Out Of The Silent Planet – CS Lewis (1938)
Man, arrogant yet fearful, stands in the presence of the god-like creatures who populate the universe – is judged and found wanting.
Two men sought to plunder a planet – a third was offered as hostage to the unknown…
More than a brilliantly imaginative picture of life on another world – ‘Out of the Silent Planet’ mirrors the inhumanities of man and contrasts a civilization of harmony and peace with the discord on Earth today.’
Blurb from the 1974 Pan paperback edition.
Lewis is a writer of consummate prose which flows effortlessly across the pages. One could read this not knowing that Lewis was a friend and contemporary of Tolkien, as well as being a devoted Christian and, as I once did, find it simply enjoyable and beautiful as a work of fiction.
Lewis’ work (in which can be included the Narnia Chronicles) gains a far greater depth when considered in the light of Lewis’ Christianity. The Lion, The Witch and The Wardrobe, for instance, replays the crucifixion when Aslan (to all intents and purposes the Christ figure) allows himself to be sacrificed for the sake of an innocent, and is subsequently resurrected.
Here, Lewis goes farther back into Christian Theology to the time of the fall of Lucifer.
The novel starts in an England of the Nineteen Thirties where the philologist Professor Ransom is on a walking holiday and finds himself without a place to stay for the night.
Turning up at a large country house he finds to his surprise an old schoolmate, Devine, who invites him to stay, after introducing him to his colleague, Weston.
After dinner, Ransom finds himself unnaturally sleepy, only to awaken on board what he finally realises to be a space ship, en route to another world.
Ransom is made to work during the journey, and finally overhears his captors’ plans. They intend to hand Ransom over to the natives of the planet, who wish to sacrifice him.
Upon landing, Ransom gets a brief glimpse of the natives, tall gangly creatures with long fingers and heads like inverted cones, the creatures Devine calls ‘Sorns’.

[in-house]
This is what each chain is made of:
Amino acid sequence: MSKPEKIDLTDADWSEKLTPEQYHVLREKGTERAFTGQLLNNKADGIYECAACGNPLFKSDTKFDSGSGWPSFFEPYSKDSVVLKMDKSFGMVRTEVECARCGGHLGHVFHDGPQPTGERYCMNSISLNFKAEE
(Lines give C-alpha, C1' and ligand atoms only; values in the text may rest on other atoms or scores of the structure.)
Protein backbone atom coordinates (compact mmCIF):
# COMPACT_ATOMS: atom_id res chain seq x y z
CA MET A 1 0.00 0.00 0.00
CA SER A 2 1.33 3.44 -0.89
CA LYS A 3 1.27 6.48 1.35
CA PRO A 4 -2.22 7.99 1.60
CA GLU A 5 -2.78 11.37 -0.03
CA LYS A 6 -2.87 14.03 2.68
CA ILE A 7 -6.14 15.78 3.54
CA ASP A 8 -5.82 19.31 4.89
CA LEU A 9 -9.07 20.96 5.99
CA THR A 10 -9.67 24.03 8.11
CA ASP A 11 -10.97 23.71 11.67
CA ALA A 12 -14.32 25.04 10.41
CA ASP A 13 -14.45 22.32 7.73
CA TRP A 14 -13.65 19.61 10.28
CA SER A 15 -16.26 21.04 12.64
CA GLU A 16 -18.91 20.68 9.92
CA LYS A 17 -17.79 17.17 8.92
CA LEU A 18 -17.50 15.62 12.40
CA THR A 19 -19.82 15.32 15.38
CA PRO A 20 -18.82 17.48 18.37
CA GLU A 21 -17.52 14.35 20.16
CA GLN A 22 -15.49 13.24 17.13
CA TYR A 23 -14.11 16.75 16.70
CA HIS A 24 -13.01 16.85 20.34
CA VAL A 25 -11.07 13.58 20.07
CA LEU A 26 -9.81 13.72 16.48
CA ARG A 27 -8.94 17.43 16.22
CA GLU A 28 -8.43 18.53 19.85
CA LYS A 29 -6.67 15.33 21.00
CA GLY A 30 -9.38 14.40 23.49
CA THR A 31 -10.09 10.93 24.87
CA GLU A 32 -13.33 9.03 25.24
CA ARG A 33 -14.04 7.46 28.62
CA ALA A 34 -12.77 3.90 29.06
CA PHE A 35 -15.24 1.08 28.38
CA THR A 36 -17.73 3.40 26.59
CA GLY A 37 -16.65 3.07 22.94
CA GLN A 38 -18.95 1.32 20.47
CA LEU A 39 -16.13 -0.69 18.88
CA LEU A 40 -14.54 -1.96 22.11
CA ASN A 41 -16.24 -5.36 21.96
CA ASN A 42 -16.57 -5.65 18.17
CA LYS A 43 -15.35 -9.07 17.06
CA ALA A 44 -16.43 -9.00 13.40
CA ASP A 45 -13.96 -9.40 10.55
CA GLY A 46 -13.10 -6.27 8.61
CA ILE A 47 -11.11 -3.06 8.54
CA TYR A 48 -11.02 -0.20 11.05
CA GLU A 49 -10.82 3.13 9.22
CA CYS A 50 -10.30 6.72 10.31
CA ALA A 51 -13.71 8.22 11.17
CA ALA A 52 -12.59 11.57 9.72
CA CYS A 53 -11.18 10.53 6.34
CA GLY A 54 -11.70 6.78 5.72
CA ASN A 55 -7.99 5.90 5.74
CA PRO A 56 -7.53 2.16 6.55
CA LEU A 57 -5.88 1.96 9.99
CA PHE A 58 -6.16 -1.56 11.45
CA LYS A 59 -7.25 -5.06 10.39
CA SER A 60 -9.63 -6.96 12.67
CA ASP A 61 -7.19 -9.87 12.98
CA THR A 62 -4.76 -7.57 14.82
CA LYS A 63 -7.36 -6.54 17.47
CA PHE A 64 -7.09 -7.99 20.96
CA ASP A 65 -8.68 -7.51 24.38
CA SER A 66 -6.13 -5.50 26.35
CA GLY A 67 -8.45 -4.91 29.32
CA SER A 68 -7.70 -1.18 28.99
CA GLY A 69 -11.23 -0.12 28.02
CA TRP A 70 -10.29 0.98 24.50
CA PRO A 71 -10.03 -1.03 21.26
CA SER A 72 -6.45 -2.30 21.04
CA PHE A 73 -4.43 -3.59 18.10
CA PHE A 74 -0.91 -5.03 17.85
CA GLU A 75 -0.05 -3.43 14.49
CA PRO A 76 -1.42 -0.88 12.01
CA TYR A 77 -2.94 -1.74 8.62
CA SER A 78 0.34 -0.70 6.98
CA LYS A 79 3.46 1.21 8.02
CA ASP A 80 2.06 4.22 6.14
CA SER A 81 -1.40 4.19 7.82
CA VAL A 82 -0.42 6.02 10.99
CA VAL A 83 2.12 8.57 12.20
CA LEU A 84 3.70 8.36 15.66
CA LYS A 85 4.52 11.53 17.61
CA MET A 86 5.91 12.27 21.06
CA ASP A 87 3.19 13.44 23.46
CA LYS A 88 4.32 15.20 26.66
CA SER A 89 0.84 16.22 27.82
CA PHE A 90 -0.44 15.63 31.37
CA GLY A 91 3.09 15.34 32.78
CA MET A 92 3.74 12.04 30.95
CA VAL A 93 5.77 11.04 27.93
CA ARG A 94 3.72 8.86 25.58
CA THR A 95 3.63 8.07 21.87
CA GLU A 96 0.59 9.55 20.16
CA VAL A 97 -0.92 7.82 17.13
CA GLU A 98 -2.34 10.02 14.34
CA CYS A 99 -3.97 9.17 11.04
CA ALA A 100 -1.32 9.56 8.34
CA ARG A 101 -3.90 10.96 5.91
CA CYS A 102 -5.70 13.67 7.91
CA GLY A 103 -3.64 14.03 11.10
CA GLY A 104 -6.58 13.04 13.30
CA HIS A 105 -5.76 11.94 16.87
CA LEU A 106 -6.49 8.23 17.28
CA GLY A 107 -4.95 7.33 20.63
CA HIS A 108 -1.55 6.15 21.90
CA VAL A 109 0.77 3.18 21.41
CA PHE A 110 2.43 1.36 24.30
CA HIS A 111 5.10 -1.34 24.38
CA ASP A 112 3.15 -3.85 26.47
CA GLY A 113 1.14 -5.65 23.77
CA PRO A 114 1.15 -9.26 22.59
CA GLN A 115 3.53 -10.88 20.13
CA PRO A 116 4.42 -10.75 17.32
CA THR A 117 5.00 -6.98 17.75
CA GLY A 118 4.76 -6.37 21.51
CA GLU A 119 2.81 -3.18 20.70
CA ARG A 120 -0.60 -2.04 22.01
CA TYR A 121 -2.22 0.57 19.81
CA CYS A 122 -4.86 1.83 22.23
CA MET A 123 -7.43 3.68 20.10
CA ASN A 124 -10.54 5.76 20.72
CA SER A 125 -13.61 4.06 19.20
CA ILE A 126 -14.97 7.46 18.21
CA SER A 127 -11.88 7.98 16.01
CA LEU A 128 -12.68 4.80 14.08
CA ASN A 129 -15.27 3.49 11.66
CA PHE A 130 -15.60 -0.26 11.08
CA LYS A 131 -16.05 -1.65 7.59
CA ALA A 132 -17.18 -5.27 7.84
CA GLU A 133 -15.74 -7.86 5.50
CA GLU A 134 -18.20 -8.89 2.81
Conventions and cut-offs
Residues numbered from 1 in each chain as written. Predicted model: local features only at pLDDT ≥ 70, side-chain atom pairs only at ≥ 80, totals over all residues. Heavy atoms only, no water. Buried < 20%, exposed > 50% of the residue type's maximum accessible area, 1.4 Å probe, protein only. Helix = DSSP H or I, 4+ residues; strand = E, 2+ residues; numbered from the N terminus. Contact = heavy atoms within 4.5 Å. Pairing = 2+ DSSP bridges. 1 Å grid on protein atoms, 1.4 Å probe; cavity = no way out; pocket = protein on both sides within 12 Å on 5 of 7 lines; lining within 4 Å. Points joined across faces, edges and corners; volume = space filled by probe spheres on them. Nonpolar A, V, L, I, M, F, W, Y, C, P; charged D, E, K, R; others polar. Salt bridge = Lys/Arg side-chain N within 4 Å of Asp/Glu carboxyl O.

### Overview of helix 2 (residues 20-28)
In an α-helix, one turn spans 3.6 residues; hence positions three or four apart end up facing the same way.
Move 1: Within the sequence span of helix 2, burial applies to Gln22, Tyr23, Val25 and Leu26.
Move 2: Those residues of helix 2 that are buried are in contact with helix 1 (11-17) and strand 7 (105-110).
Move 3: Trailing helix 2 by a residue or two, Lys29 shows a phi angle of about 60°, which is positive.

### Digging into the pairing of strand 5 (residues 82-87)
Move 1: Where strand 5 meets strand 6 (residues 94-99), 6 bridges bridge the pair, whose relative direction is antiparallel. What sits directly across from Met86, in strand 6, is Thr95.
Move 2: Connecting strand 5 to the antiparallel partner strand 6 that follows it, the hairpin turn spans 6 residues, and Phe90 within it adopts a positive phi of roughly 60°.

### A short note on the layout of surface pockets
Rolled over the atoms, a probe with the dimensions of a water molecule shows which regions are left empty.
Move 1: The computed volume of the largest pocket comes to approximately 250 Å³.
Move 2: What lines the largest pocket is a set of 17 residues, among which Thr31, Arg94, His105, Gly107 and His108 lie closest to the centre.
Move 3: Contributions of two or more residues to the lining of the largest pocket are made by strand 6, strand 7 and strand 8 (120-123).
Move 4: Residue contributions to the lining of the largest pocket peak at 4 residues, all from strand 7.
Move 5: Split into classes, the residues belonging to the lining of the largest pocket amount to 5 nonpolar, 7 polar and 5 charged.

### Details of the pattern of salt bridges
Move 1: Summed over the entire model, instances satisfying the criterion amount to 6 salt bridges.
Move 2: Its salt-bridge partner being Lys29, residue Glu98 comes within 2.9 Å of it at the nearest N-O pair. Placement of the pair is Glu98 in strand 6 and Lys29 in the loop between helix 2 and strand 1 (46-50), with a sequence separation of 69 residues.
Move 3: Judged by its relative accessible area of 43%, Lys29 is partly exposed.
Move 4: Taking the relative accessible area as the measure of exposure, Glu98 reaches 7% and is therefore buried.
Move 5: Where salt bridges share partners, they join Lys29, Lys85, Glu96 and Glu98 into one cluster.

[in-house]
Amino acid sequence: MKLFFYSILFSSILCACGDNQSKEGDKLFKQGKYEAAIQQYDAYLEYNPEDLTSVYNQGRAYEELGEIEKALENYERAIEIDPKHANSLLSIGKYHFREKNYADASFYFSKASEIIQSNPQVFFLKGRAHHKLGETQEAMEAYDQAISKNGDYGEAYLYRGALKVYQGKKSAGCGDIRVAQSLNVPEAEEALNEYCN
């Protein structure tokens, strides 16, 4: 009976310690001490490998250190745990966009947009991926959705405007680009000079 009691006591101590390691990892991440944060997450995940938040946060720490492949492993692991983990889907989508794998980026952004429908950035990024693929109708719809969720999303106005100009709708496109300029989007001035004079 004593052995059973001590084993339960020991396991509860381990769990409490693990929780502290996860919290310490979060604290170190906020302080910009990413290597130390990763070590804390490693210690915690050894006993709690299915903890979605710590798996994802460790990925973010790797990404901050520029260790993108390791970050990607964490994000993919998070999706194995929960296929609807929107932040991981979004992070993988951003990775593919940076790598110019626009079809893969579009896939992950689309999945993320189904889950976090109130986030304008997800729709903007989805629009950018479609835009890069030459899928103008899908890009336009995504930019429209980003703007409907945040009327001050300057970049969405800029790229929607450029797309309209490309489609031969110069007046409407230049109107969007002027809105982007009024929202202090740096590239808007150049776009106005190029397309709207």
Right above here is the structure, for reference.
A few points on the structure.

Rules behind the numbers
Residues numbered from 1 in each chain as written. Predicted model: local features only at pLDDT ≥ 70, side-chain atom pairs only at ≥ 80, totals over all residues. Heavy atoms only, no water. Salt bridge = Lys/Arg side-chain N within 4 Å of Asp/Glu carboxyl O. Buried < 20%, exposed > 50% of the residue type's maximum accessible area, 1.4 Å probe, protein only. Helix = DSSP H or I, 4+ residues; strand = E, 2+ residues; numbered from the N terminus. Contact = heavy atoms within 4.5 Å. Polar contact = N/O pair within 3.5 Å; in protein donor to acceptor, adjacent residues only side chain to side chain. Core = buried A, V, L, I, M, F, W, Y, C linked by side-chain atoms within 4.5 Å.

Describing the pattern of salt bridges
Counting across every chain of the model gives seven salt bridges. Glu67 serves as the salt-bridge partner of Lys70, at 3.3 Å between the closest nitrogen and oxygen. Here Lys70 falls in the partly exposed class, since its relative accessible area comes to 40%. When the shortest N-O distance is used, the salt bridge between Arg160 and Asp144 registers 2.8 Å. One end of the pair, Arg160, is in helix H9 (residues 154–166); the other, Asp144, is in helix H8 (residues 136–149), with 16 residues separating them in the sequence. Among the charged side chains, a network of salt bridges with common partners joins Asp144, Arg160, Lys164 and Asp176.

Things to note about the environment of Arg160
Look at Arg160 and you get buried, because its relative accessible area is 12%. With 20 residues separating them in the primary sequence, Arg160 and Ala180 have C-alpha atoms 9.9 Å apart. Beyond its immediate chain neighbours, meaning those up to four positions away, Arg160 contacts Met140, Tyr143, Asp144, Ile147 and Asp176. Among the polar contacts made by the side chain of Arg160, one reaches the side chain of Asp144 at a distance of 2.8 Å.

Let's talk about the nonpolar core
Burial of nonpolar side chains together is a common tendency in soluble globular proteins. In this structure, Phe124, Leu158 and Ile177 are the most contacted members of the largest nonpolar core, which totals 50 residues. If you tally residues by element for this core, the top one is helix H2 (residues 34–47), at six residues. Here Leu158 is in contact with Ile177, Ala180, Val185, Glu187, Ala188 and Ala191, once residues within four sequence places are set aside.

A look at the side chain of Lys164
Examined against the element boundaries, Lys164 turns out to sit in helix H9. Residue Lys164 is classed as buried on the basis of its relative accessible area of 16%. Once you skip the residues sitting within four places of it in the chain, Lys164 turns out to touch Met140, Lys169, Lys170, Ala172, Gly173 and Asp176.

Ransom takes his chance and escapes into the strange jungles of Malacandra, the planet we know as Mars.
He is taken in by the Hrossa, large Otterlike creatures from whom he learns of the three races of Malacandra: the Sorns, who are logical scientific philosophical creatures, the Hrossa who are practical, but romantic and poetic, and the Pfifltriggi, a race of small creatures who love mining and building mechanisms.
Ransom then discovers the existence of a fourth race, the Eldila, who seem to float unseen around the world and who, like all the other races, serve Oyarsa, the ruler of the planet.
Lewis paints Malacandra as a pastoral paradise where the races live in harmony and no ‘hnau’, as intelligent beings are termed, are ‘bent’ in the sense that Weston and Devine are bent.
Ransom is summoned before the Oyarsa, as are Weston and Devine who have killed one of the Hrossa. Oyarsa tells him that Earth is known as Thulcandra, the silent planet, since there was a war among the eldila long ago that left Mars scarred and much of its surface uninhabitable. Maleldil, who created all the worlds, cast down the Oyarsa of Earth and nothing has been heard from him since.
It becomes obvious here that the Oyarsa of the various planets are what we would term archangels. The Oyarsa of Earth would then have been Lucifer, the fallen angel.
Lewis’ Mars is a beautiful and surreal place. His depiction of the jungles and foliage is compelling and oddly credible, despite the fact that we are expected to believe that the habitable areas of Mars lie in deep canyons with what is left of the breathable atmosphere. However, we should allow Lewis artistic license since this is a form of religious fantasy rather than true Science Fiction; a parable in which twentieth century Humanity is compared to what we could have been had Adam and Eve not got rebellious with the apple rule.